An advanced type of radiotherapy has shown promise in the treatment of recurrent lung cancer. 

In a study by researchers at the University of Texas MD Anderson Cancer Center, the technique – known as intensity modulated proton therapy (IMPT) – led to a majority of recurrent lung cancer patients being disease-free for at least one year post-treatment, whilst experiencing few severe side effects.

The technique was investigated in 27 patients treated with IMPT between 2011 and 2016 who had already been given radiotherapy and their disease had recurred. After a median follow-up period of 11.2 months, median overall survival was 18 months and one-year overall survival was 54%.

After one year, 61% of patients were recurrence-free whilst 51% remained progression-free.

“Historically, repeat radiation at a higher, curative dose was not possible with older, less precise radiation techniques because the cumulative radiation dose necessary to treat the cancer would cause too much toxicity,” said Jennifer Ho, the study’s lead author. “In lung cancer, tumours are close to the oesophagus, aorta and spinal cord, and all of these critical structures are vital for the body to function.”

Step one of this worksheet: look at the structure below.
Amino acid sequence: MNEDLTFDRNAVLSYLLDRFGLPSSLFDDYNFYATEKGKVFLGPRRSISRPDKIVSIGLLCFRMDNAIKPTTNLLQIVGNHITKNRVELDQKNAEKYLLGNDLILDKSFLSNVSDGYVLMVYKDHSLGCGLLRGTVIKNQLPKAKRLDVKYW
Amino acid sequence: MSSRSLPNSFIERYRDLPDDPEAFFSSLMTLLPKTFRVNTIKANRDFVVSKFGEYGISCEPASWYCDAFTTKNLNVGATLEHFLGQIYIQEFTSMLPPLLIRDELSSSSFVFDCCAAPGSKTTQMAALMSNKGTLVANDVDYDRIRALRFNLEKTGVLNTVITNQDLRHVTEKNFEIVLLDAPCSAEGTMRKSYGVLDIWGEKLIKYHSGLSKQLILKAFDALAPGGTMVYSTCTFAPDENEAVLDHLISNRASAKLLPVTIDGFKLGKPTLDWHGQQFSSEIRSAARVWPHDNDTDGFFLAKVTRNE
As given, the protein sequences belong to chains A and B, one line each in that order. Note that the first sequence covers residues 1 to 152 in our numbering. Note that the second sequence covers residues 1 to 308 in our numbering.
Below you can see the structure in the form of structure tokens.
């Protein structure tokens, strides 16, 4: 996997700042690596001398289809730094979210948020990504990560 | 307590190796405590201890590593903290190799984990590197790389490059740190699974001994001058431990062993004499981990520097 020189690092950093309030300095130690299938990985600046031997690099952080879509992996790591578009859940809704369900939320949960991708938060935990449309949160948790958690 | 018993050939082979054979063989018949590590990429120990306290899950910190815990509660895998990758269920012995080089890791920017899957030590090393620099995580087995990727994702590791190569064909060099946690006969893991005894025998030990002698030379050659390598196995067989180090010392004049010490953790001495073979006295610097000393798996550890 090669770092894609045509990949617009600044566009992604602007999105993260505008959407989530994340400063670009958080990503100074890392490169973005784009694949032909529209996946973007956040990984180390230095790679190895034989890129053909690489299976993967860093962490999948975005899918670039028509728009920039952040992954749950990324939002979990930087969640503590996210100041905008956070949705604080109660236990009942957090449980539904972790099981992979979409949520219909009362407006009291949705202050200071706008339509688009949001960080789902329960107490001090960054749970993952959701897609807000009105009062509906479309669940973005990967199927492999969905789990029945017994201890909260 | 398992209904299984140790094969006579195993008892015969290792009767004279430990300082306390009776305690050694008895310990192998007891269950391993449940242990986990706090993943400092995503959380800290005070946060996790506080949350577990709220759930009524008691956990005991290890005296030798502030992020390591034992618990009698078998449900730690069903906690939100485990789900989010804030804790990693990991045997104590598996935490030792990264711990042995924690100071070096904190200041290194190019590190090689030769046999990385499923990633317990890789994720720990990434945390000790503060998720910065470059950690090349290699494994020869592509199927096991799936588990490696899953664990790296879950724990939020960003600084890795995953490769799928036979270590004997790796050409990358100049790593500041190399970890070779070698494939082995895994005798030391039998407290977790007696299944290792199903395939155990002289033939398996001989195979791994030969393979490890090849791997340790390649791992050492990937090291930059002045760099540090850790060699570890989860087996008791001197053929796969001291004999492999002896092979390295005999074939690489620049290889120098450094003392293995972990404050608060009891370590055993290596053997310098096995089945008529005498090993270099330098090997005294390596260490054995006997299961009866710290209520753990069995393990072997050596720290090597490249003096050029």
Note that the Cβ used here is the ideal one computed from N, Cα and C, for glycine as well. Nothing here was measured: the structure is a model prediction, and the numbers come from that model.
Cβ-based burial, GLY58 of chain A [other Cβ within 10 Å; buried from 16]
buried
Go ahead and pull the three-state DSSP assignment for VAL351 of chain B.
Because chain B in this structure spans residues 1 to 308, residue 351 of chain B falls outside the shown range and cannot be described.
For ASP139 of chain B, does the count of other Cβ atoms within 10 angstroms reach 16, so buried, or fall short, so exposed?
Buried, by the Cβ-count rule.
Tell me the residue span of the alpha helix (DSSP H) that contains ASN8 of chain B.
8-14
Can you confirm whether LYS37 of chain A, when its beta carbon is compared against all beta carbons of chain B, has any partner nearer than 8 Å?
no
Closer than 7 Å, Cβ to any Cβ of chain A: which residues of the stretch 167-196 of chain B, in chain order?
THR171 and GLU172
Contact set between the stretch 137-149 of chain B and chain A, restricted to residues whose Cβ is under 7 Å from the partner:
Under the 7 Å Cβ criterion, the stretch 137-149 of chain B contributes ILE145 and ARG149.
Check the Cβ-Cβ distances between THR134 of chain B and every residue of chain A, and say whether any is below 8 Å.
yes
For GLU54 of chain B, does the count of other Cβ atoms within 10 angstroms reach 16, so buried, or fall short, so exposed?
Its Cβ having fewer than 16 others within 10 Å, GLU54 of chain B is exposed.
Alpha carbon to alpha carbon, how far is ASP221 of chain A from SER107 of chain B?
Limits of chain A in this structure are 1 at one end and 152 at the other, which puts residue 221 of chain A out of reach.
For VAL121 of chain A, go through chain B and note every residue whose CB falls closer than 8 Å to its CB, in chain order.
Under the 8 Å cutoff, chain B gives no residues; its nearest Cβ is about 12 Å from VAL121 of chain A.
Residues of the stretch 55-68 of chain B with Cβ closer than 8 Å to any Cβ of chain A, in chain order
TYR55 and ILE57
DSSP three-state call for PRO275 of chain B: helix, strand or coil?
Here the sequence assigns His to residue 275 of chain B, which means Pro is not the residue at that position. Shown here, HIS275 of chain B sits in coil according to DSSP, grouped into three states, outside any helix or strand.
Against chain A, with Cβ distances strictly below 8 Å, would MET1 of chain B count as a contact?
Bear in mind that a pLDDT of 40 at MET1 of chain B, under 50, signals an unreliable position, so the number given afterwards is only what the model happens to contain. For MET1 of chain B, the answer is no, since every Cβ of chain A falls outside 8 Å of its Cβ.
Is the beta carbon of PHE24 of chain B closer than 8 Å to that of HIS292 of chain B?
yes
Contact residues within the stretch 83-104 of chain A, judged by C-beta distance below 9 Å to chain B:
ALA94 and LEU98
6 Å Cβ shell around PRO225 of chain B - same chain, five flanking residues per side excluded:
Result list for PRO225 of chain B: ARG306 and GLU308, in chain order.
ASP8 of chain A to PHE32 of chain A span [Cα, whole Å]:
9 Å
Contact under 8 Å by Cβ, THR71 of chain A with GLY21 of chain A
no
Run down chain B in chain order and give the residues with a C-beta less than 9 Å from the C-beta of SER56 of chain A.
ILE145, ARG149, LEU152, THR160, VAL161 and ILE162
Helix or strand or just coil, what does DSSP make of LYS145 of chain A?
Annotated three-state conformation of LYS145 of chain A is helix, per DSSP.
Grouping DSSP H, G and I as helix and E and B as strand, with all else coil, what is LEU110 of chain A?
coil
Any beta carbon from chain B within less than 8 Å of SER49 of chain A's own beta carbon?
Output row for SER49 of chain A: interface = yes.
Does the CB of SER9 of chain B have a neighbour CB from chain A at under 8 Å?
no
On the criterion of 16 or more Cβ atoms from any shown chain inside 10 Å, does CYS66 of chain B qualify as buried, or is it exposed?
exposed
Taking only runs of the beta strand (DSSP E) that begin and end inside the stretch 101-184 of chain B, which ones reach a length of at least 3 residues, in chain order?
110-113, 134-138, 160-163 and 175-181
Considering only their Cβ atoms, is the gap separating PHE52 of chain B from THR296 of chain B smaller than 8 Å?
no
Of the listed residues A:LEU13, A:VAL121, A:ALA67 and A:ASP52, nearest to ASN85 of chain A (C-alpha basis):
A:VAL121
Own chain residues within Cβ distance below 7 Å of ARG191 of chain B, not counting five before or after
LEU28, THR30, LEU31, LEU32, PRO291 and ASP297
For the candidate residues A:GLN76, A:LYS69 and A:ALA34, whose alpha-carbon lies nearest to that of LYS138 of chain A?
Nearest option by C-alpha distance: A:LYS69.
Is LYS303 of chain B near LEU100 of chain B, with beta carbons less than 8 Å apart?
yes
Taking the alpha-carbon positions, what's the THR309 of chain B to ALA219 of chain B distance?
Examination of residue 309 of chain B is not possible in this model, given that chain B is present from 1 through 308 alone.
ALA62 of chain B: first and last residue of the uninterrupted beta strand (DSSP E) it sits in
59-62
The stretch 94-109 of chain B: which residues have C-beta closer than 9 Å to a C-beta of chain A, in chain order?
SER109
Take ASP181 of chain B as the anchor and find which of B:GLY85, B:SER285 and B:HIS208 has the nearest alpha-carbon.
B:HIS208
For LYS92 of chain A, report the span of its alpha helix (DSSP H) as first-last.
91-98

Unlike traditional radiotherapy, which affects all tissues in the path of an X-ray beam, IMPT delivers a series of proton beams that reach their highest intensity once they arrive at a tumour, making the technique a potentially less-damaging form of radiotherapy.

The technique is particularly of interest in recurrent lung cancer which, in the majority of cases, cannot be treated with surgery or responds poorly to chemotherapy.

In the past, lung re-irradiation with traditional techniques led to moderate to severe toxicity. In this case, re-irradiation was well tolerated, with few patients experiencing moderate side effects.

“With the advancement of IMPT, we knew that we were able to generate more precise radiation treatment plans that spared normal tissue, but we weren’t sure if this would translate into beneficial clinical outcomes until we analysed this data,” said Joe Chang, professor at Radiation Oncology. “While the findings are early, we’re hopeful that we can offer more positive outcomes and low toxicity with IMPT for recurrent thoracic cancer patients who previously had few treatment options.”

Researchers are now looking to test their findings in a larger population.

Advertisements